I’ve not been condemned to a life sentence as curator of a museum to my childhood. An imminent move has me paring down what few chattels I retain after moves in 2016 and 2020. Amongst this revenant chattelry I rediscovered the Confederate Ten-dollar bill whose obverse is shown below in figure 1.
My father’s people never threw anything away—ever—and that’s how I got this. They came over to the United States for extended visits (in New York City) in the late 1850s and early 1860s, before finally taking the plunge and immigrating from Old Blighty in 1870 (settling in Omaha, Nebraska).
They might have picked this valueless item up at any point as a souvenir of the “greatest generation” of Americans who had laid down life and limb in the battle against slavery (a battle in which my family took no part I am aware of). The only thing I know for sure is that the bill was in the possession of our family by 1970, when I first saw it when the last of my father’s people died and my parents were cleaning out their house.
I’ve edited the photos of the faded bill to bring out detail, saturating red on the obverse and blue on the reverse and increasing contrast and sharpness. An image of a fine copy in a museum collection may be found here. Our bill is quite worn and flimsy, which turns out to be important.
I had always assumed that this bill was a fake, a facsimile made as a souvenir for folks celebrating one or another anniversary of the war. It turns out that the fakes, even counterfeits made during the war itself, have been pretty thoroughly studied. This bill appears to be genuine, and I’ll take you through the indicators.
1) The bill has irregular scissor-cut borders. The United States issued imperforate postage stamps requiring scissors to separate stamps from a sheet, at first (1847-57) exclusively, but after 1857 at intervals, these latter mostly as philatelic oddities. It represents a rough-and-tumble time when the technology of postage stamps was evolving. The federal government had worked up a secure process to produce uniform bills by cutting the sheets mechanically, but the South lacked such equipment and the labor of separating Confederate bills from larger sheets was olde schoole by scissors and hand.
2) The bill is made of flimsy paper. I wouldn’t know it to touch it, but Confederate bills were printed on rice paper rather than the firmer paper used by the federal government. Although the bill is obviously worn, the paper is remarkably thin and flexible, which are the marks of rice paper.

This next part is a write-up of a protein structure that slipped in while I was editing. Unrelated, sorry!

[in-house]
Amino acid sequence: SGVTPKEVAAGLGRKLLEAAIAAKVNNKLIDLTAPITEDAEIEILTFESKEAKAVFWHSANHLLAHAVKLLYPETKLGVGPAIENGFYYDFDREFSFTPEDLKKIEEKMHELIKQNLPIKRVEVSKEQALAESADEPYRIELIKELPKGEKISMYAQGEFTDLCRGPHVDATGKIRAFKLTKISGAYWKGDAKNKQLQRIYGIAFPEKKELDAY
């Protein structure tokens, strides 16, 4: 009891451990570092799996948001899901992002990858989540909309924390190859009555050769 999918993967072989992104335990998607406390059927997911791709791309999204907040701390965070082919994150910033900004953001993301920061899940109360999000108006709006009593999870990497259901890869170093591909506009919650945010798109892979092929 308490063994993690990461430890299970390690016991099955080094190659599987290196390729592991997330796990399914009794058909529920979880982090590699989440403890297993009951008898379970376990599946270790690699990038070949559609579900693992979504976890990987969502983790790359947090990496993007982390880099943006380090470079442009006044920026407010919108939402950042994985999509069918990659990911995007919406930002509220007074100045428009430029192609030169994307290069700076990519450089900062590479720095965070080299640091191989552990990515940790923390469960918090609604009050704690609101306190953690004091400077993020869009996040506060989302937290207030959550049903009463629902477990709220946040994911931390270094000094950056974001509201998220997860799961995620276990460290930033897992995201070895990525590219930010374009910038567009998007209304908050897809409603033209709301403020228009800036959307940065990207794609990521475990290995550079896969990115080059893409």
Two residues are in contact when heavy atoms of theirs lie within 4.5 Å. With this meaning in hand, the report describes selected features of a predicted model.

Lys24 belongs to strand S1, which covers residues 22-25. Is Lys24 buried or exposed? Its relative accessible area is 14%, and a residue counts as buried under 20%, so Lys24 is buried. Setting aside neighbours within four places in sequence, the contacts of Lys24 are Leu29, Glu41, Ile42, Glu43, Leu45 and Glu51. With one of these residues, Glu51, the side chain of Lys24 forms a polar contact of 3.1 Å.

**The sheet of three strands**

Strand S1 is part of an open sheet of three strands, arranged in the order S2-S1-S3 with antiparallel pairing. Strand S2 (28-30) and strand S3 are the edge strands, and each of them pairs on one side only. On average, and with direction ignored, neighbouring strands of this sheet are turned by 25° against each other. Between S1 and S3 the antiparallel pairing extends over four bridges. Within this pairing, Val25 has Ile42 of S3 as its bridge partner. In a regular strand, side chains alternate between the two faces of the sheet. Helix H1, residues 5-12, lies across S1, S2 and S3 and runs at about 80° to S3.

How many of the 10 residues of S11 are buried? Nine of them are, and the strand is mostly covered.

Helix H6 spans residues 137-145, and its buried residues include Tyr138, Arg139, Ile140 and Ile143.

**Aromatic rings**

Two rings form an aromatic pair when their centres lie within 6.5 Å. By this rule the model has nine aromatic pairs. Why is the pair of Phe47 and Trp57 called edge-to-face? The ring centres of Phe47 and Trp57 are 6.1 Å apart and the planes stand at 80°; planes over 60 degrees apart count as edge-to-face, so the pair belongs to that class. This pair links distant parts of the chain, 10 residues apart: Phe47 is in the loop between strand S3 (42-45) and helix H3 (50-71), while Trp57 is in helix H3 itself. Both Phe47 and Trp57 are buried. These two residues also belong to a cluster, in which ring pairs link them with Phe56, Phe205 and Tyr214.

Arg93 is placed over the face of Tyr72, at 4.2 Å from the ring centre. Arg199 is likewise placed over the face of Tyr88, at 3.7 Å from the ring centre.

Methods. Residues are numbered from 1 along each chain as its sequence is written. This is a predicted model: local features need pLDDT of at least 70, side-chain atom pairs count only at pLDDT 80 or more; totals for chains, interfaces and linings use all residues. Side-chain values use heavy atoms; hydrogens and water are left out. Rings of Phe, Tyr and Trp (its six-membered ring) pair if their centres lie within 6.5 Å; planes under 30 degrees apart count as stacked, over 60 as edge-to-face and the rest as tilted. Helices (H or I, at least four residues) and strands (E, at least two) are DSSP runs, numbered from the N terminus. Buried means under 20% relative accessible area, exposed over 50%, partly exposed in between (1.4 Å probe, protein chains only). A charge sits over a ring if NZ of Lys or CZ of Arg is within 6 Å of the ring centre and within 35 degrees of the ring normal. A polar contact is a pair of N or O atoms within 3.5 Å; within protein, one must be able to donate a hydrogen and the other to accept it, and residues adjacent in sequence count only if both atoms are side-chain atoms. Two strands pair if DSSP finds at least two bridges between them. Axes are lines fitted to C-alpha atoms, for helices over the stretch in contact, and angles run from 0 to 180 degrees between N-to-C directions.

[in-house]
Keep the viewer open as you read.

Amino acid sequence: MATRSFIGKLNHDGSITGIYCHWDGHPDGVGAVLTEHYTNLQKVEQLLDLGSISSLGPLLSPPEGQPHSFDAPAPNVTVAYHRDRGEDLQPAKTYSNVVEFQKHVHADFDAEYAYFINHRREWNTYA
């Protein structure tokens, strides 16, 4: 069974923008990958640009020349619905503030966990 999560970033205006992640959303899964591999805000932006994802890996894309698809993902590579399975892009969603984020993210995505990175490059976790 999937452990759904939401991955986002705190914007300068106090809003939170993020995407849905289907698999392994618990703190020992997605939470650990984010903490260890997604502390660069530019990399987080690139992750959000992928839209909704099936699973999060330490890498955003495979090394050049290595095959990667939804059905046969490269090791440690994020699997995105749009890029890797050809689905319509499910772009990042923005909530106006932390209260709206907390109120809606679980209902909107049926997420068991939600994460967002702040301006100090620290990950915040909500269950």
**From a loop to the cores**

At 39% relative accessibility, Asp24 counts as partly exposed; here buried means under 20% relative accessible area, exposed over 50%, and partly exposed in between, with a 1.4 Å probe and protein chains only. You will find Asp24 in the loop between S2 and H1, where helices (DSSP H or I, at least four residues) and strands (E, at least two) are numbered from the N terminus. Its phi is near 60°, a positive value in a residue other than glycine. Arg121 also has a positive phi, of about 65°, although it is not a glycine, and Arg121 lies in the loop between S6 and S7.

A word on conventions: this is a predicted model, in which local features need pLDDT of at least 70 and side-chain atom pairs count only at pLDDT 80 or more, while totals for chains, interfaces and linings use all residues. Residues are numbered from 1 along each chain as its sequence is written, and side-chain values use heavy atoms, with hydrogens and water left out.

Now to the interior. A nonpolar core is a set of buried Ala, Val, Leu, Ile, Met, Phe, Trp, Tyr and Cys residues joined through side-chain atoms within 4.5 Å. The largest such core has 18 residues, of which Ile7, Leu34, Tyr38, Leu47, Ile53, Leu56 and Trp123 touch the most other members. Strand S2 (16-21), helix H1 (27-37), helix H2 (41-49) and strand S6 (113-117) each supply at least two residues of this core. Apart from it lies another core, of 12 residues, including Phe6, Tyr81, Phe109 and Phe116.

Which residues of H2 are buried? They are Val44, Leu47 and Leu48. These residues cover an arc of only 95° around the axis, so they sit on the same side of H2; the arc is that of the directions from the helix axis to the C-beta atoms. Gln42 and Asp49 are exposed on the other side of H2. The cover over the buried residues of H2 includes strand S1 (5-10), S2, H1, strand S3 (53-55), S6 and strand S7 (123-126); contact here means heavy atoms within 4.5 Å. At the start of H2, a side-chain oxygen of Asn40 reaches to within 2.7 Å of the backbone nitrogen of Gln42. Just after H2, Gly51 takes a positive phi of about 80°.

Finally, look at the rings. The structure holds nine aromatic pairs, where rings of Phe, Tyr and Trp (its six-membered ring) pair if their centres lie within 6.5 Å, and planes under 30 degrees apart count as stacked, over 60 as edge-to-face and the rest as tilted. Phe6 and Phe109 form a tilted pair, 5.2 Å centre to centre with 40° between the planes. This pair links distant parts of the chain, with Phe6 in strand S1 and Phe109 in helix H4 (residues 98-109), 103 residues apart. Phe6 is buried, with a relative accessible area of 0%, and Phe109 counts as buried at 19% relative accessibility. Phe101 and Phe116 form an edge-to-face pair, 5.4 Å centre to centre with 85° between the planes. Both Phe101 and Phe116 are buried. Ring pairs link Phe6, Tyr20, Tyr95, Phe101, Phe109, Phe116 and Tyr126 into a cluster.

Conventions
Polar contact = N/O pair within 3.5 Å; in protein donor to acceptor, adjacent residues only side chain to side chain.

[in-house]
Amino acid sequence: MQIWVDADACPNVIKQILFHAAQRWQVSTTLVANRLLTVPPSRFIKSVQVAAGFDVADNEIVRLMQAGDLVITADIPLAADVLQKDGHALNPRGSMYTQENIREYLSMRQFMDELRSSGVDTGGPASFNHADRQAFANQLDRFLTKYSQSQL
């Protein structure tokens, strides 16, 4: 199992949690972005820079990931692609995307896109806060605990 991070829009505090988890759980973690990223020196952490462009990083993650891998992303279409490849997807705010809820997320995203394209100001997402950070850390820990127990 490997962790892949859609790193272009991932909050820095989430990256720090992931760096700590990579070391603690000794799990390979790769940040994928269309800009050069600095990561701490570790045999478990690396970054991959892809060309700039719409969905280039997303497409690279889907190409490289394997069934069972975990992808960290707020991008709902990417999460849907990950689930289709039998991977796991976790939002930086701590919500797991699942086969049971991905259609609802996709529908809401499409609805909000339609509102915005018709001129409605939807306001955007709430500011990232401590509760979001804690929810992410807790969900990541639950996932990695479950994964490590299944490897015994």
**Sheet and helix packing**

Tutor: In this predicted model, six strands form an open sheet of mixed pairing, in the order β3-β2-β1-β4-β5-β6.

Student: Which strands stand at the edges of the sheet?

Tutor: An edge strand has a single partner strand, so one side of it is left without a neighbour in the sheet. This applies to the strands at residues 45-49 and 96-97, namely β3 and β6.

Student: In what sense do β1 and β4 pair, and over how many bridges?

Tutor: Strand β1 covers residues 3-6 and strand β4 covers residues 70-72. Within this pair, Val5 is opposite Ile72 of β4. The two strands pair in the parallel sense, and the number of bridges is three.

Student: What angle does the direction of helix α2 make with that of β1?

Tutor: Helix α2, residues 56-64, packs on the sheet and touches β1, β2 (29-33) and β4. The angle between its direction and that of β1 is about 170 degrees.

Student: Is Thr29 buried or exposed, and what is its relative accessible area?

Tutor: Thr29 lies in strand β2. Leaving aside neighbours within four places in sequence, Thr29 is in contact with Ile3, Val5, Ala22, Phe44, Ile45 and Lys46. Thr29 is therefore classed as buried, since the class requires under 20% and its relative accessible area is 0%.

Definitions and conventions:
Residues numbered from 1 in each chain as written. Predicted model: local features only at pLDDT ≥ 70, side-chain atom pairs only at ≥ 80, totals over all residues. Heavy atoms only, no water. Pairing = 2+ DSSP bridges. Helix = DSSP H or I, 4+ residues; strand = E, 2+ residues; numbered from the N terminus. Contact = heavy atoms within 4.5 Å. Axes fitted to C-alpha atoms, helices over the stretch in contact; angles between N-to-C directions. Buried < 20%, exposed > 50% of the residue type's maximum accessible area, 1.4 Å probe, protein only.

3) The bill is lithographed rather than engraved. The federal government engraved its postage stamps and bills, but the Confederates did not. Apart from the softness of the paper, the surface is quite smooth compared to U.S. currency.
4) The bill is signed by hand and given a serial number in iron gall ink. You can tell how olde schoole the Confederate production process was by considering the fact that the bills were all signed and numbered by hand with pen and ink. Iron gall ink is a very old technology that permanently marks a writing surface. It starts out a dark, steely blue but chemicaly alters over time (in simple words, it rusts) into a ruddy color.
One can see the signature of the luckless Bartlebys “D. Gill” who signed the bill in the name of the Confederate state treasurer (the sharp-eyed will spot D. Gill on the bottom 10-dollar note in this image and another here), and someone (on the left) whose name looks a little like “Blelenks” who signed for the registrar (you may be better able to make out the name in an image of a better preserved bill, here). These signatures and the serial number, 31829, are duly weathering into the expected rusty color. Remember, I’ve saturated the reds, so while the rusty color is there, it’s not as saturated as in my photos.
5) The serial number is not one used in any known facsimile of Confederate bills produced as souvenirs of the war. These are all known and listed in the study linked above.
6) The designers’ mark, “Keatinge & Ball, Columbia, S.C.” is a known engraver of Confederate bills, and the printer, “Ptd. by Evans & Cogswell” a known printer, both (at this time) operating out of Columbia, South Carolina.
7) The iconography all hangs together. This is a well attested bill type, the 10-dollar bill of the series of 1864. The vignette of the horse-drawn cannon, the portrait of Robert Mercer Taliaferro Hunter, the red background of the obverse, and blue of the reverse all check.
The Confederates did not have much wealth to back their currency. So they issued their bills as promissory notes, pledges that, once they had won the war, they would redeem the notes for (in this case) 10 dollars in specie.
While the Confederacy was a going proposition, this bill’s value was limited to its redeemable (face) value of 10 dollars. As Confederate fortunes waned, people became less and less confident that this or any Confederate bill would ever be redeemable. Sure, until Appomattox there was always a non-zero possibility the South might win, but as that possibility shrank toward zero, the value people were willing to grant these promissory notes shrank pari passu.
It’s not quite inflation, where the government prints too much money for the wealth backing it (but that wealth exists; it just gets spread thinly and the bills become worth less). It’s more a fascinating exercise in watching value of something predicated upon Confederate victory diminish as a function of the probability of that victory. One expedient the Confederates used to shore up their currency was to make the notes interest bearing, but that does not concern the bill in question.
Tens of thousands of Confederate ten-dollar bills in the series of 1864 were printed, and a quick look on ebay shows that they are not particularly valuable, though fresh uncirculated copies with good margins can sell for like $100 2022 US dollars. A scrappy one like mine would fetch a small, small fraction of that.